While you are carefully planning your itinerary for a trip overseas, you should also pay close attention to which credit and debit cards you're taking. Otherwise, you could be in for some unpleasant surprises on your statements when you return. That's because more and more institutions impose currency-conversion fees on credit-card charges and ATM withdrawals abroad.
It's common today to find a 3% foreign-currency-conversion fee added to each credit-card purchase you make in another country. That includes the 1% fee that Visa and MasterCard impose on the issuer when they translate your expenditures into dollars, which generally is passed on to you.
American Express charges its cardholders a 2% fee. Brokerages such as Merrill Lynch and UBS also impose a 2% conversion fee (although UBS waives the fee for its Select Level accountholders). Charles Schwab merely passes on Visa's 1% surcharge.
HSBC and Providian banks do not add an additional fee on top of Visa and MasterCard's 1% charge. Credit unions, such as the Pentagon Federal Credit Union, also often require members to pay the 1% fee but add no other surcharge. Of the major credit-card issuers, Capital One is alone in neither adding a surcharge when you flash its plastic nor passing on the Visa/MasterCard fee.
A growing number of hotels, car-rental companies and other retailers overseas will offer to convert your purchase into dollars immediately. Be wary of this offer, though, because the exchange rate the merchant employs may not be as good as the wholesale rate MasterCard and Visa use. In addition, the merchant may add its own "dynamic currency conversion fee" to the bill. Visa requires that its participating vendors let you select the currency you prefer and disclose any added fees.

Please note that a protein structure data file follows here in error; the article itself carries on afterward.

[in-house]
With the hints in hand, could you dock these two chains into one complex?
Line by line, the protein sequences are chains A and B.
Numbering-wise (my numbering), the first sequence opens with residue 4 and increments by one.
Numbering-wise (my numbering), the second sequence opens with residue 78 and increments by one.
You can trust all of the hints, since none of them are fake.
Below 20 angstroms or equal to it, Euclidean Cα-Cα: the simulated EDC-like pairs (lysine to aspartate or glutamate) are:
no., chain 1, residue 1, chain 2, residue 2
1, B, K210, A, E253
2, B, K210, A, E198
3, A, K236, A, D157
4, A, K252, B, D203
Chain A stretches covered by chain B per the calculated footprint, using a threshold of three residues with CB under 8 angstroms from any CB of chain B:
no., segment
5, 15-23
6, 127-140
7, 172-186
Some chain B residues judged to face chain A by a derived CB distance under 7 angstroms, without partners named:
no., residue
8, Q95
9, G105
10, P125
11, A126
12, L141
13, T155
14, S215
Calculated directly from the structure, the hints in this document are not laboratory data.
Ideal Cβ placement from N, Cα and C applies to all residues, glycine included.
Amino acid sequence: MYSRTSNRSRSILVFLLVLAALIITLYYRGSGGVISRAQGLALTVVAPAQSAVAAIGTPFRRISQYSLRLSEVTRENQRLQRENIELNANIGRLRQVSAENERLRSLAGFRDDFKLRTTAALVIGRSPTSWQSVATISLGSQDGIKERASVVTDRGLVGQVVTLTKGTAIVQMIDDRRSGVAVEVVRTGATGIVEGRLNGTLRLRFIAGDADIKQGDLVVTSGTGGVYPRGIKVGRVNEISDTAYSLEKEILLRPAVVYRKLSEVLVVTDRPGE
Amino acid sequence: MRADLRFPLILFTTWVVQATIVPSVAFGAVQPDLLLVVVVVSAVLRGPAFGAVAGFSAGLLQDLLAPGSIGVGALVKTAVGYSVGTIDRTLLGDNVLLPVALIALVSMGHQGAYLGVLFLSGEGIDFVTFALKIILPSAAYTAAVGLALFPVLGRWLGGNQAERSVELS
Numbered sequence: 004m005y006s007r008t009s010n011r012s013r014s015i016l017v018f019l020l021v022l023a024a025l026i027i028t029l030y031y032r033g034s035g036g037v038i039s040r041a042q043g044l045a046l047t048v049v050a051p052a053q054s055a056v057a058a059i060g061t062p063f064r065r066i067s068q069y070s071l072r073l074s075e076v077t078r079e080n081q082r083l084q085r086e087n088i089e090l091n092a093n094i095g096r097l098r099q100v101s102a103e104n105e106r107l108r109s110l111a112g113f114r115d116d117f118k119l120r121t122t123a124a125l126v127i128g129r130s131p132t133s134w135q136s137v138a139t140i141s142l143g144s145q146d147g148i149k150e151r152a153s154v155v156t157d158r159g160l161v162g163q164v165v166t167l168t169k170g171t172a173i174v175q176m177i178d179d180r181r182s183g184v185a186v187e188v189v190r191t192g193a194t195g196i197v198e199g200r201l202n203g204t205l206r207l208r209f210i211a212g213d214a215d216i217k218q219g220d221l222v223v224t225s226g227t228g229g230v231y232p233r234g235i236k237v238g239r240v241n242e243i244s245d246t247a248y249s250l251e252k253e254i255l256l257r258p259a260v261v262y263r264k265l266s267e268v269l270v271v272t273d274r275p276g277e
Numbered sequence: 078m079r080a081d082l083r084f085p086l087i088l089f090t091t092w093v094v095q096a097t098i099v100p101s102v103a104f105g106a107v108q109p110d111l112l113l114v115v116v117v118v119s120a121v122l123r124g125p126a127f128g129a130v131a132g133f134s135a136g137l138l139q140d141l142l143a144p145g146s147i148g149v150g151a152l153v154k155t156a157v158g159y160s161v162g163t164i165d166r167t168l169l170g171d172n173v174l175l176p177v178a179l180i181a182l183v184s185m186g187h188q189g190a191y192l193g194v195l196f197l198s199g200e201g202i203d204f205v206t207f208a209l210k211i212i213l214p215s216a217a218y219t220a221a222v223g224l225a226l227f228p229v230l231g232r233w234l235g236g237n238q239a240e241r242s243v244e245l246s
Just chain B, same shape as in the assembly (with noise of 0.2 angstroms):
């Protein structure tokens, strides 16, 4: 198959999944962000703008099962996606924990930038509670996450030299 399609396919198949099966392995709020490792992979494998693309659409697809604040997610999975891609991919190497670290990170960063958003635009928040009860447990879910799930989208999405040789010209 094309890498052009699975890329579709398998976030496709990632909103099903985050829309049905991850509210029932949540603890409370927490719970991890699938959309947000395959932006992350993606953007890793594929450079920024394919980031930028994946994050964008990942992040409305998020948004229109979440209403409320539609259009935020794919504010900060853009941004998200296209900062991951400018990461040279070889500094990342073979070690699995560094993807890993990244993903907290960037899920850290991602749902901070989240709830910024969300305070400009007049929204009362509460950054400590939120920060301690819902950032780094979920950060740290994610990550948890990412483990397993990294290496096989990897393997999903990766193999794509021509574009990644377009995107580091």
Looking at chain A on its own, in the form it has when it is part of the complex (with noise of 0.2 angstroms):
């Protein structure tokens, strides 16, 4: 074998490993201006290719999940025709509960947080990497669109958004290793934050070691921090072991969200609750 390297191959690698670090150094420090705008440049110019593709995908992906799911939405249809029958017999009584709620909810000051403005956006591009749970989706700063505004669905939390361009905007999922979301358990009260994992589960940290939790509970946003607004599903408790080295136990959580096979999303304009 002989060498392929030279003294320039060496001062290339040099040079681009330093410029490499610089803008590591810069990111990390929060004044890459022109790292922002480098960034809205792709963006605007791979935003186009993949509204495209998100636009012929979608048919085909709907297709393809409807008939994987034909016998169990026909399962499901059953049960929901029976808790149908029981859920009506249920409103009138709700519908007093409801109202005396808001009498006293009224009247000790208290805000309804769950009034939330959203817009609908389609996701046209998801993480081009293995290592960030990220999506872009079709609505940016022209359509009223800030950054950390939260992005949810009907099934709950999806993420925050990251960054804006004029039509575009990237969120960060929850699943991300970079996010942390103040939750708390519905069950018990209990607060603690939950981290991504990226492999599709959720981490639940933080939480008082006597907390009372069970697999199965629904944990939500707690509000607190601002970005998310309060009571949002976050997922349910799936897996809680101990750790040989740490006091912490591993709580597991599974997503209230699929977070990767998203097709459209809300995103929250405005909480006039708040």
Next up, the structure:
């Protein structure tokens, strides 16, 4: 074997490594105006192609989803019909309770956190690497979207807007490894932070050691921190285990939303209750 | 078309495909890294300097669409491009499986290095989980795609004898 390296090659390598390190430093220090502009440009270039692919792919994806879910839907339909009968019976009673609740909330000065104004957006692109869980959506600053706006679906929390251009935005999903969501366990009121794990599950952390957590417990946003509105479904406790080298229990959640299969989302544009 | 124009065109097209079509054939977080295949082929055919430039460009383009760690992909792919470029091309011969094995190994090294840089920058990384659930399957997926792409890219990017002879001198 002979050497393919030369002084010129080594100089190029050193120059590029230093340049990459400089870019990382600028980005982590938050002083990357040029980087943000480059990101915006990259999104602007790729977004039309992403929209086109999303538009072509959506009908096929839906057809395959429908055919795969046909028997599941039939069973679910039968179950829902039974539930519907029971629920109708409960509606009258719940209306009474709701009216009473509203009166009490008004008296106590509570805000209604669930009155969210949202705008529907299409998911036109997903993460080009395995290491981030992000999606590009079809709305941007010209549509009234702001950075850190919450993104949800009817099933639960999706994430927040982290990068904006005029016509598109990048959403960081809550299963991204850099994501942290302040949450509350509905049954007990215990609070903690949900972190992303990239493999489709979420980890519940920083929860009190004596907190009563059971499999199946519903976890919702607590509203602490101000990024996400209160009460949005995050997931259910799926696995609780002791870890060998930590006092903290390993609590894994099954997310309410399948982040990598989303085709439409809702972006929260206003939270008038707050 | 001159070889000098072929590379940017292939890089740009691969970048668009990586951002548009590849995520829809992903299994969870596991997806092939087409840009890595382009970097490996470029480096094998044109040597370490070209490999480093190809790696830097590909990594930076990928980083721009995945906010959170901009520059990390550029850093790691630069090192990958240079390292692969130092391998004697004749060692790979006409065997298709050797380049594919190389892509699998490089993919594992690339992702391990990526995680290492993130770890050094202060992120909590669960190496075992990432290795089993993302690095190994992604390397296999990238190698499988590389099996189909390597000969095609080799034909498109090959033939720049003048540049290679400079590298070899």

If a transaction from another country comes through in dollars, some banks, including Bank of America, do not impose the 3% conversion fee it would otherwise add to an overseas purchase.
While you are traveling, you will need some local currency for small purchases. But obtaining it through a credit-card cash advance is not a good idea. Cash advances almost always incur fees, and interest charges begin the day you receive the funds. It makes more sense to use an ATM for local currency.
Most banks tack on a fee if you use an ATM that is not part of its network, so you could end up paying $5 or more in fees to your own bank and the bank where you get the cash. There are ways to avoid those outlays, however. Bank of America normally charges $5 per withdrawal, but it waives the fee if accountholders use one of the more than 12,000 ATMs operated by a member of its Global ATM Alliance. HSBC has branches in 77 countries where accountholders can obtain cash without paying a fee. Citibank has branches in 50 countries where accountholders can withdraw funds surcharge-fee. Washington Mutual's new WaMu Free Checking account offers free ATM withdrawals anywhere in the world.
Regional banks are often customer-friendly. For example, Commerce Bank, which has branches in the Mid Atlantic region, not only does not impose an ATM fee itself, it also rebates any fees other banks impose if you maintain a $2,500 balance in your account. Internet-only banks often rebate ATM fees for their customers, too.
*Global Alliance includes Barclays, BNP Paribas, Deutsche Bank, Scotiabank, Westpac, Santander Serfin.